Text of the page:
And it said Pauls father was in New York. He was looking for Paul to bring him back to Pittsburgh. Pauls knees became weak. He sat down in a chair and put his head in his hands. The dream was ended. He had to go back to Cordelia Street. Back to the yellow-papered bedroom, the smell of cooked cabbage, the daily ride to work on the crowded street cars. Paul poured himself a glass of champagne and drank it quickly. He poured another glass and drank that one, too.

Paul had a taxi take him out of the city and into the country. The taxi left him near some railroad tracks. Paul suddenly remembered all the flowers he had seen in a shop window his first night in New York. He realized that by now every one of those flowers was dead. They had had only one splendid moment to challenge winter. A train whistle broke into Pauls thoughts. He watched as the train grew bigger and bigger.

As it came closer, Pauls body shook. His lips wore a frightened smile. Paul looked nervously around as if someone might be watching him. When the right moment came, Paul jumped. And as he jumped, he realized his great mistake. The blue of the ocean and the yellow of the desert flashed through his brain. He had not seen them yet! There was so much he had not seen!

Paul felt something hit his chest. He felt his body fly through the air far and fast. Self-centered, delusional, and some may even argue, narcissistic, Paul is fascinated and encapsulated by the fine arts around him. Whether it be in the theater where he ushers, the art gallery at Carnegie Hall, or the hotel he runs away to in New York, Paul is always finding a way to escape what he considers a hopeless and mundane reality back home, through. Paul surrounds himself with the aesthetics of music and the rich and wealthy, as a means to escape his true reality. His disinterest in school stems …show more content… The only place Paul is able to escape his reality and unfulfilling life is at Carnegie Hall.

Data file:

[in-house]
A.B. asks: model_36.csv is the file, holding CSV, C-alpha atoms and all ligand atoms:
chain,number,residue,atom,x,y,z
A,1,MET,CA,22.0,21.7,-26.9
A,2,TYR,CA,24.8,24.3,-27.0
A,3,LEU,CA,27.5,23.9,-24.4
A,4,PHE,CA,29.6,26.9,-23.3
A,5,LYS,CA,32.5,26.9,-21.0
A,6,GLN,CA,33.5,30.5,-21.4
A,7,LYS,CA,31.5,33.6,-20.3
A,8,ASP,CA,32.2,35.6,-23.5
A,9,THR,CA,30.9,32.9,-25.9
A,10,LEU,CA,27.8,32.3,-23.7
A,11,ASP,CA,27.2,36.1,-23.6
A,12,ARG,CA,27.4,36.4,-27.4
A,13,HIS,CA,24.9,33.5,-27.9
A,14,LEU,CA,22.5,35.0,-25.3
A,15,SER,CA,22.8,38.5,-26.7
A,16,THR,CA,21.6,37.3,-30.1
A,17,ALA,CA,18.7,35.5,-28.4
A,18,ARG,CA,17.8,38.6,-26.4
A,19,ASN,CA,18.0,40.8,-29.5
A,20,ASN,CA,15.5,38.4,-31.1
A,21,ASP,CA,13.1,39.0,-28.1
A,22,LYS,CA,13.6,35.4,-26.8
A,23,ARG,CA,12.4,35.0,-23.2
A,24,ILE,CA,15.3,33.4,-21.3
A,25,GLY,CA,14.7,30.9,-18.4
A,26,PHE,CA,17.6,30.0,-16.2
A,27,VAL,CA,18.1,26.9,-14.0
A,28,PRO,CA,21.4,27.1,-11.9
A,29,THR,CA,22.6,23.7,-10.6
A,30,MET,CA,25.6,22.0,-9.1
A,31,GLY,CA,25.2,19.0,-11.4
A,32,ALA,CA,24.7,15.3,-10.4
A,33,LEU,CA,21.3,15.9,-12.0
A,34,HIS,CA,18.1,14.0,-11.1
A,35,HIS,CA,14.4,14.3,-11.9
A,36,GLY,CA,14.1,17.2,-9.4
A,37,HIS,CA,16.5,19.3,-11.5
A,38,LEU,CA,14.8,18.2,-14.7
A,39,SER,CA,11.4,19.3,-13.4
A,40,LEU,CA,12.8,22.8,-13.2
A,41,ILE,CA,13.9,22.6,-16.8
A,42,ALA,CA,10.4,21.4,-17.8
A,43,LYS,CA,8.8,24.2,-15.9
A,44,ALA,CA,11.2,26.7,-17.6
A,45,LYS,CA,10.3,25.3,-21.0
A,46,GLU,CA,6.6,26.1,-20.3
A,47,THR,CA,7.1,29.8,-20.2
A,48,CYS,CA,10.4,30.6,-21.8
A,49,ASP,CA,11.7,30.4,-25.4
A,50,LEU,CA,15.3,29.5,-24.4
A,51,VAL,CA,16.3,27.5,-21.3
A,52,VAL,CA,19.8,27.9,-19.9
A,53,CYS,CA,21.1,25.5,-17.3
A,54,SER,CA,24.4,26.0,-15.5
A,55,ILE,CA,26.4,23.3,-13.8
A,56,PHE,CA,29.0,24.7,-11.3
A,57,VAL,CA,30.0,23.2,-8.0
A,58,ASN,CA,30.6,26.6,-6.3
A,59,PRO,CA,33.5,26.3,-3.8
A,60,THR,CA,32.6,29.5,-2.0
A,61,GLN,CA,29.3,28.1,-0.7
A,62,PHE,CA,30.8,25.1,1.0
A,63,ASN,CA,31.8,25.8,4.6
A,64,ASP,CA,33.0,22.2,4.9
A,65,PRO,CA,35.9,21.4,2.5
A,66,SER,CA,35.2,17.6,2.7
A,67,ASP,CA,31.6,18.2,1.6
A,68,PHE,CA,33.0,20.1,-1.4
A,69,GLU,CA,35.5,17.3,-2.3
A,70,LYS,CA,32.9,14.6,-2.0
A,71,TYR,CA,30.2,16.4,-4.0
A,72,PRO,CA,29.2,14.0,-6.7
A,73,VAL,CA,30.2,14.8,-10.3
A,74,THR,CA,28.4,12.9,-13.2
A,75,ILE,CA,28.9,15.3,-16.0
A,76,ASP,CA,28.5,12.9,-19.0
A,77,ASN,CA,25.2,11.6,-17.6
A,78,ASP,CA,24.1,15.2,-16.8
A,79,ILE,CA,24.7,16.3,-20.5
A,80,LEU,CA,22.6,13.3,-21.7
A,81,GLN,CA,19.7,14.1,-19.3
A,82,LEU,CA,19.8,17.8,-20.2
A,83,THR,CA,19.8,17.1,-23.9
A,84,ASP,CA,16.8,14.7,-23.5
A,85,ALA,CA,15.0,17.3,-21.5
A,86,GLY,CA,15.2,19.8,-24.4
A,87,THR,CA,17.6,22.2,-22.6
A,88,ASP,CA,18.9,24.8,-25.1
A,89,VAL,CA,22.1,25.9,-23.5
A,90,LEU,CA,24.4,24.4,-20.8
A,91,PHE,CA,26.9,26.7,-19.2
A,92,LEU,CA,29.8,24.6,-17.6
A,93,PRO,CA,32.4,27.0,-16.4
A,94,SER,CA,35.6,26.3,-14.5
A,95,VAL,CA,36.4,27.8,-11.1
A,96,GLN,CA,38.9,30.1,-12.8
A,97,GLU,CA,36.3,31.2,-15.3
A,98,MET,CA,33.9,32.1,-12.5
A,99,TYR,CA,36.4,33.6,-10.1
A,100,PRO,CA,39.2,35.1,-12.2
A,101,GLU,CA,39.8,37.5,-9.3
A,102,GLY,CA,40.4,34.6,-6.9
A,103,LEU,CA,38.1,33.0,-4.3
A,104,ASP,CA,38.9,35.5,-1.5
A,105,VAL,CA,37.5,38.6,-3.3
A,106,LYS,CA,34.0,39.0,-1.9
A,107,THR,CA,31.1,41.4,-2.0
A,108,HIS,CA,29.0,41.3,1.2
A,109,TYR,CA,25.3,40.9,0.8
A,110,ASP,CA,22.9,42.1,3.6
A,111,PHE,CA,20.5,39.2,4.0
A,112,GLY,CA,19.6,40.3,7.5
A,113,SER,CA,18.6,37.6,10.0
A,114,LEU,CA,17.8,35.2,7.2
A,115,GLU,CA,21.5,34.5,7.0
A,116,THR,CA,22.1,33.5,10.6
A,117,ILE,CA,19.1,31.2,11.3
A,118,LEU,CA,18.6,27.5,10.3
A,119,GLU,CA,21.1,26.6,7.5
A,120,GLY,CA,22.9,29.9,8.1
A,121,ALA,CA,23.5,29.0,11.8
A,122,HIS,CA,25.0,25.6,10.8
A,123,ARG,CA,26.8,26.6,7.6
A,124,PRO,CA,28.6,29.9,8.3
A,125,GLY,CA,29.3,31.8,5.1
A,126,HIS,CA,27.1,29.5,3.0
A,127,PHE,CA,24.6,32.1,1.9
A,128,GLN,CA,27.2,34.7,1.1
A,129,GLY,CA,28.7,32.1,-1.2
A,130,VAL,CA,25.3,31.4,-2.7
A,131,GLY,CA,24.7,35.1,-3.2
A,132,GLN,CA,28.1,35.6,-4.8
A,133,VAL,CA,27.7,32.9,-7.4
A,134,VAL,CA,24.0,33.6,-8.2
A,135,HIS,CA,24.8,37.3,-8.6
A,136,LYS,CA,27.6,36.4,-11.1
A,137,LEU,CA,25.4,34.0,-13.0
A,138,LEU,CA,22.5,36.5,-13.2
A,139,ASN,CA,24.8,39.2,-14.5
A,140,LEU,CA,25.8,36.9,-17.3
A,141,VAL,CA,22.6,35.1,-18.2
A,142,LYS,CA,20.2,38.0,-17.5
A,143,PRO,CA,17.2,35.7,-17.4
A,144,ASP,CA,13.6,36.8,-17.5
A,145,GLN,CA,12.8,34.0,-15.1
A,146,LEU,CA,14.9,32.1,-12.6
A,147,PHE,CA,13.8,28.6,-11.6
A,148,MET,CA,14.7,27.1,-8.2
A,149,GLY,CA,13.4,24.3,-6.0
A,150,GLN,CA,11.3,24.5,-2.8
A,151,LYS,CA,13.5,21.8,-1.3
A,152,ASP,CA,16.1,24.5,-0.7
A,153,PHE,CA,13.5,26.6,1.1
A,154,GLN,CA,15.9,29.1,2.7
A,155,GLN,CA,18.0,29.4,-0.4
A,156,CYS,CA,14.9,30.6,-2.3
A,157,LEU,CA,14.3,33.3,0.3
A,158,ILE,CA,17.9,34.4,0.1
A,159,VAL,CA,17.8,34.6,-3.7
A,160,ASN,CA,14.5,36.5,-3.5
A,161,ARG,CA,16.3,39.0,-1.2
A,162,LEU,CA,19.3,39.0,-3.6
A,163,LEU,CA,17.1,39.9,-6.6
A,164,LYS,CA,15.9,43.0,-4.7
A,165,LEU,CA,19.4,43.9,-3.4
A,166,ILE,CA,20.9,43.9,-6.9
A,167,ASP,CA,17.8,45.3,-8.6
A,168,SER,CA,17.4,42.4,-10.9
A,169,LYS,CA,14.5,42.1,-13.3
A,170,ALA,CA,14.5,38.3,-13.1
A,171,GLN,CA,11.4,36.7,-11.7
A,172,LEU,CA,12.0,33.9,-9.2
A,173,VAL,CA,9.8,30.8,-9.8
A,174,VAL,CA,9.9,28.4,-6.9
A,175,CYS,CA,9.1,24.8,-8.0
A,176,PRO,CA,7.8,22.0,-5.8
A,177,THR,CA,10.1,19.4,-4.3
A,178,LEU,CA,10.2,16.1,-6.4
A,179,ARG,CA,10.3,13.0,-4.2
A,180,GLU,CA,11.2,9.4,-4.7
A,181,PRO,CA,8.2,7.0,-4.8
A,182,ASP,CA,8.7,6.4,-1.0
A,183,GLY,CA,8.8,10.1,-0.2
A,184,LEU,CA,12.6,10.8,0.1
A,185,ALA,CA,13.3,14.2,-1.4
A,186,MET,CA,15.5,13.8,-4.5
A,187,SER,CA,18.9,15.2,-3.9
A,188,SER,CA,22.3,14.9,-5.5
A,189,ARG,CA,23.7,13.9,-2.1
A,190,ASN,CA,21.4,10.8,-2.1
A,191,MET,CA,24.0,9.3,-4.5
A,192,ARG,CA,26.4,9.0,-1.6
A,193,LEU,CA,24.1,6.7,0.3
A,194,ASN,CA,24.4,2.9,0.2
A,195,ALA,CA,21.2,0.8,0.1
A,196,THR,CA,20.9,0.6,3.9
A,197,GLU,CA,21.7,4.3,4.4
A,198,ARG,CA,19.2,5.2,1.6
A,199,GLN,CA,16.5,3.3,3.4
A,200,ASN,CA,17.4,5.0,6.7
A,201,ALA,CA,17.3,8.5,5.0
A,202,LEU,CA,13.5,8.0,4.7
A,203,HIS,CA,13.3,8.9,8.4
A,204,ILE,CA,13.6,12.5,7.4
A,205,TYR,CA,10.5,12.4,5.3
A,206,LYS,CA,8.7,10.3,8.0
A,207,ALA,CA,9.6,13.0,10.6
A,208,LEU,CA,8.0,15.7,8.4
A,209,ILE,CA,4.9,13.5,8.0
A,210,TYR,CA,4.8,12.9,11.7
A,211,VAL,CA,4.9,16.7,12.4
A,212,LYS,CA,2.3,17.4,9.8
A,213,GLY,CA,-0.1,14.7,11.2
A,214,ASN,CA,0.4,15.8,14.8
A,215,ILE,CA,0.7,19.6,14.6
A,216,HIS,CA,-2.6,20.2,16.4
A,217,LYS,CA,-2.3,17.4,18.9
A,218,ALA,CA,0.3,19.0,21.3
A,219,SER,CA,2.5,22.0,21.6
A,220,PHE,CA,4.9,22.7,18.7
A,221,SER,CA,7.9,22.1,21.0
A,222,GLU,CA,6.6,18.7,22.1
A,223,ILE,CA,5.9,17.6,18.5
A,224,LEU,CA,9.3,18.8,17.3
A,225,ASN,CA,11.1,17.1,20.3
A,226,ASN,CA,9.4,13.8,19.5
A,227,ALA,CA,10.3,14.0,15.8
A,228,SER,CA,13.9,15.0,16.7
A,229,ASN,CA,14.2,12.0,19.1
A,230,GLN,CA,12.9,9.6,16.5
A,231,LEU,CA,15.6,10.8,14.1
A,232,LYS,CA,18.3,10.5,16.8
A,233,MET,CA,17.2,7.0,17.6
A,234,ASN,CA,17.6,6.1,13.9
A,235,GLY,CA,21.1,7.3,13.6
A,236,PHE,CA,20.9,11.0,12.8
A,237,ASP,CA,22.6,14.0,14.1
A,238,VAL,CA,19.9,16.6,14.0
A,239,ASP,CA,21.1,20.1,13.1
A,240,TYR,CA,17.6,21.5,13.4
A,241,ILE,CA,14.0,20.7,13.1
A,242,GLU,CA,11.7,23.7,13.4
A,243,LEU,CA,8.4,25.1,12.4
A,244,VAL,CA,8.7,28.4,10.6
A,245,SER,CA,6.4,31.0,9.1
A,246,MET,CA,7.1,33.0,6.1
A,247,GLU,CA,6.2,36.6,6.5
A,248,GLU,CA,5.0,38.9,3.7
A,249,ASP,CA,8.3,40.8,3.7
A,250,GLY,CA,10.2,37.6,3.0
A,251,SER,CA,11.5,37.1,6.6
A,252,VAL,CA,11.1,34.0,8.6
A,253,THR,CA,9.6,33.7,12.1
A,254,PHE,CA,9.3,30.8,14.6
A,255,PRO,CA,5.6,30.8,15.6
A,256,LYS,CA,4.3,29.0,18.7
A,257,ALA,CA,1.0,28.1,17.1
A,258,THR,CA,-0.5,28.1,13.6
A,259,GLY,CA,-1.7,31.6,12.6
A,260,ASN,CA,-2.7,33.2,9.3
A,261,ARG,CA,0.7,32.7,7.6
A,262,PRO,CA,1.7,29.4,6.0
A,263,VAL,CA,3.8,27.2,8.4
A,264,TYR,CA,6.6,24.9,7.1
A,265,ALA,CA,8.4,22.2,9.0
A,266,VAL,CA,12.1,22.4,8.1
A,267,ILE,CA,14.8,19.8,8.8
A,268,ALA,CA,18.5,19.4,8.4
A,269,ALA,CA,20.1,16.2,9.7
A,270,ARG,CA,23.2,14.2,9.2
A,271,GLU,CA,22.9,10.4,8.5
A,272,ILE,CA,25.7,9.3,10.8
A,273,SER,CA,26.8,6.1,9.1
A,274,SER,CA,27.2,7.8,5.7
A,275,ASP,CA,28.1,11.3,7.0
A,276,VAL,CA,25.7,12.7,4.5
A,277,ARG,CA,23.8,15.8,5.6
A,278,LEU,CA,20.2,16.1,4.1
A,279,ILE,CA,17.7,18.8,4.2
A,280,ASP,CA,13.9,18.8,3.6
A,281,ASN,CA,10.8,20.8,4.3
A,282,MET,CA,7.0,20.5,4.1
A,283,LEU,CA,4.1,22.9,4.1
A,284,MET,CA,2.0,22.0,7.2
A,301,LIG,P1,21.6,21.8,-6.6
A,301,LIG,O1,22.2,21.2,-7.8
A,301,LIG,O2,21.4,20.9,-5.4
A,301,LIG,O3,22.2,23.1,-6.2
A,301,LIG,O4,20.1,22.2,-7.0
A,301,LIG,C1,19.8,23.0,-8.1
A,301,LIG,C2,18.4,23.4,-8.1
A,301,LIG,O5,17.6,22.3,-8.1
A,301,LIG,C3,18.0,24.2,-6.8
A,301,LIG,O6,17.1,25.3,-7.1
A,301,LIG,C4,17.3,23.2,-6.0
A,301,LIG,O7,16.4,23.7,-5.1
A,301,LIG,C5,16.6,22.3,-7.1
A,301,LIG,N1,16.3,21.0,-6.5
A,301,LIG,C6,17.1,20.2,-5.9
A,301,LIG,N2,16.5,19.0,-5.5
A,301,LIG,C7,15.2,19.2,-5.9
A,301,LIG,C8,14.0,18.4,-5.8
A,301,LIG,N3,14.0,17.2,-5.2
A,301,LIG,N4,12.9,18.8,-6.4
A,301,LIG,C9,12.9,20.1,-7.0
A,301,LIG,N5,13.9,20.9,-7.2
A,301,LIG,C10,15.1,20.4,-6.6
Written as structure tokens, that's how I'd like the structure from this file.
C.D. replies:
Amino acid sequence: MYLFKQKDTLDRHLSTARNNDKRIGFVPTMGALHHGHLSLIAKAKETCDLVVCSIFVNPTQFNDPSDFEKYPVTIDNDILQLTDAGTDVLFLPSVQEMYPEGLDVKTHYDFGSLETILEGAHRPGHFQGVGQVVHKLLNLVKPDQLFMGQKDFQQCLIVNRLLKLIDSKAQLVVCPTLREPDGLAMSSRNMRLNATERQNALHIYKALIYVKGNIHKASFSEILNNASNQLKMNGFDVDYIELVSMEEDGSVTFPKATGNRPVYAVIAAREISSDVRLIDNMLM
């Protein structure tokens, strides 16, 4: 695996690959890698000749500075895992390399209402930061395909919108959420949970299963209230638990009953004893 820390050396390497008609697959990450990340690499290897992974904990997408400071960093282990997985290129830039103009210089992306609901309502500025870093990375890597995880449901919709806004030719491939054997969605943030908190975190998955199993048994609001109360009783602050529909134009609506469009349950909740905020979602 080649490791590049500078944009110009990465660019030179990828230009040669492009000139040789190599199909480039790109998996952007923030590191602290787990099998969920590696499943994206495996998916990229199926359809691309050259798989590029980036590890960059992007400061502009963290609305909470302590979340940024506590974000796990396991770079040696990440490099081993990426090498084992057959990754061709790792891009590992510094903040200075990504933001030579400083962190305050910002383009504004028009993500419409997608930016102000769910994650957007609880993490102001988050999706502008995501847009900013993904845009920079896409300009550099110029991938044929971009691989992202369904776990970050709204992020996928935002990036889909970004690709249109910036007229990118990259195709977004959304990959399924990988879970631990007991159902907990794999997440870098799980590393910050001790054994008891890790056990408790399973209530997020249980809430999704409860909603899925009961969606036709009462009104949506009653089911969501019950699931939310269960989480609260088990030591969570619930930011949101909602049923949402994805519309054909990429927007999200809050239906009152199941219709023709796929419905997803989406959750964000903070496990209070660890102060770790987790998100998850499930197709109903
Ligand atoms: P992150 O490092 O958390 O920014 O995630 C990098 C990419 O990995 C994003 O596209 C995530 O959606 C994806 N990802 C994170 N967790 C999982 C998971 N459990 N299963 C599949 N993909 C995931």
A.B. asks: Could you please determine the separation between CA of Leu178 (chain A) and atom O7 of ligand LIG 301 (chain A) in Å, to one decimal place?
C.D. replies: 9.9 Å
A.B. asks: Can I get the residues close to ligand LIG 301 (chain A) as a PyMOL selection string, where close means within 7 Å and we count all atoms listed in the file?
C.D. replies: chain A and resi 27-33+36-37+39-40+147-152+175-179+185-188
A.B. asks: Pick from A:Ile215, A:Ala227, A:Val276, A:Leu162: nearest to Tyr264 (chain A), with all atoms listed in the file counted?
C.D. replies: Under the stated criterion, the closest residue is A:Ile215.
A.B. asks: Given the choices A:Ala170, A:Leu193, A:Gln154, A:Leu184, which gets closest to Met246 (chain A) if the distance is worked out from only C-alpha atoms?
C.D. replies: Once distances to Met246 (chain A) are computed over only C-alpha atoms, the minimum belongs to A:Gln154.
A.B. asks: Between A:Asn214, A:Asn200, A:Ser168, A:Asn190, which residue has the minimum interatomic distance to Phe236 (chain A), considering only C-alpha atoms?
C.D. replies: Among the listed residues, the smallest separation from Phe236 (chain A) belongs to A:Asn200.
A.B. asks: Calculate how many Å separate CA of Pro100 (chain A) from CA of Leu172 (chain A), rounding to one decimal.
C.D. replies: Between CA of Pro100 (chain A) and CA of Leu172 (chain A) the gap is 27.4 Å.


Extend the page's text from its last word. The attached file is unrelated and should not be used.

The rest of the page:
Carnegie Hall is a haven for Paul and gives him the classy atmosphere of the arts that he lacks in his life. He has an usher job at Carnegie Hall and unlike his house and school, Paul enjoys going there to work. He is able to escape and be with the rich and attractive people that come to the hall. It was at the theatre and at Carnegie Hall that Paul really lived; the rest was but a sleep and forgetting. The moment he inhaled the gassy, painty, dusty odour behind the scenes, he breathed like a prisoner set free, and felt within him the possibility of doing or saying splendid, brilliant, poetic things. The moment the cracked orchestra beat out the overture from Martha, or jerked at the serenade from Rigoletto, all the stupid and ugly things slid from him, and his senses were deliciously, yet delicately fired.

Cather 6 Paul enjoys the aesthetics of Carnegie Hall with all the people and atmosphere. While listening to the music he is able to leave his life behind and go off into another life and place that he dreams of. A lifelong dream of Paul occurs when he makes the trip to New York City. The trip to New York City gives Paul the opportunity to live the life he always dreamed of. He gets the money to go to New York City by taking the money. Get Access. Read More. Conformity vs. Individuality Words 6 Pages "Conformity versus individuality" Willa Cather's "Paul's Case," displays the conflict between conformity and individuality through the main character, Paul.

He bowed. Cather 6 Flowers In Pauls Case: A Study In Temperament enjoys the aesthetics of Carnegie Hall with all the people and atmosphere. The trip to New York City gives Paul the opportunity to live Flowers In Pauls Case: A Study In Temperament life he always dreamed of. How is he financing Summary Of A Respectable Woman And A Story Of An Hour little vacation?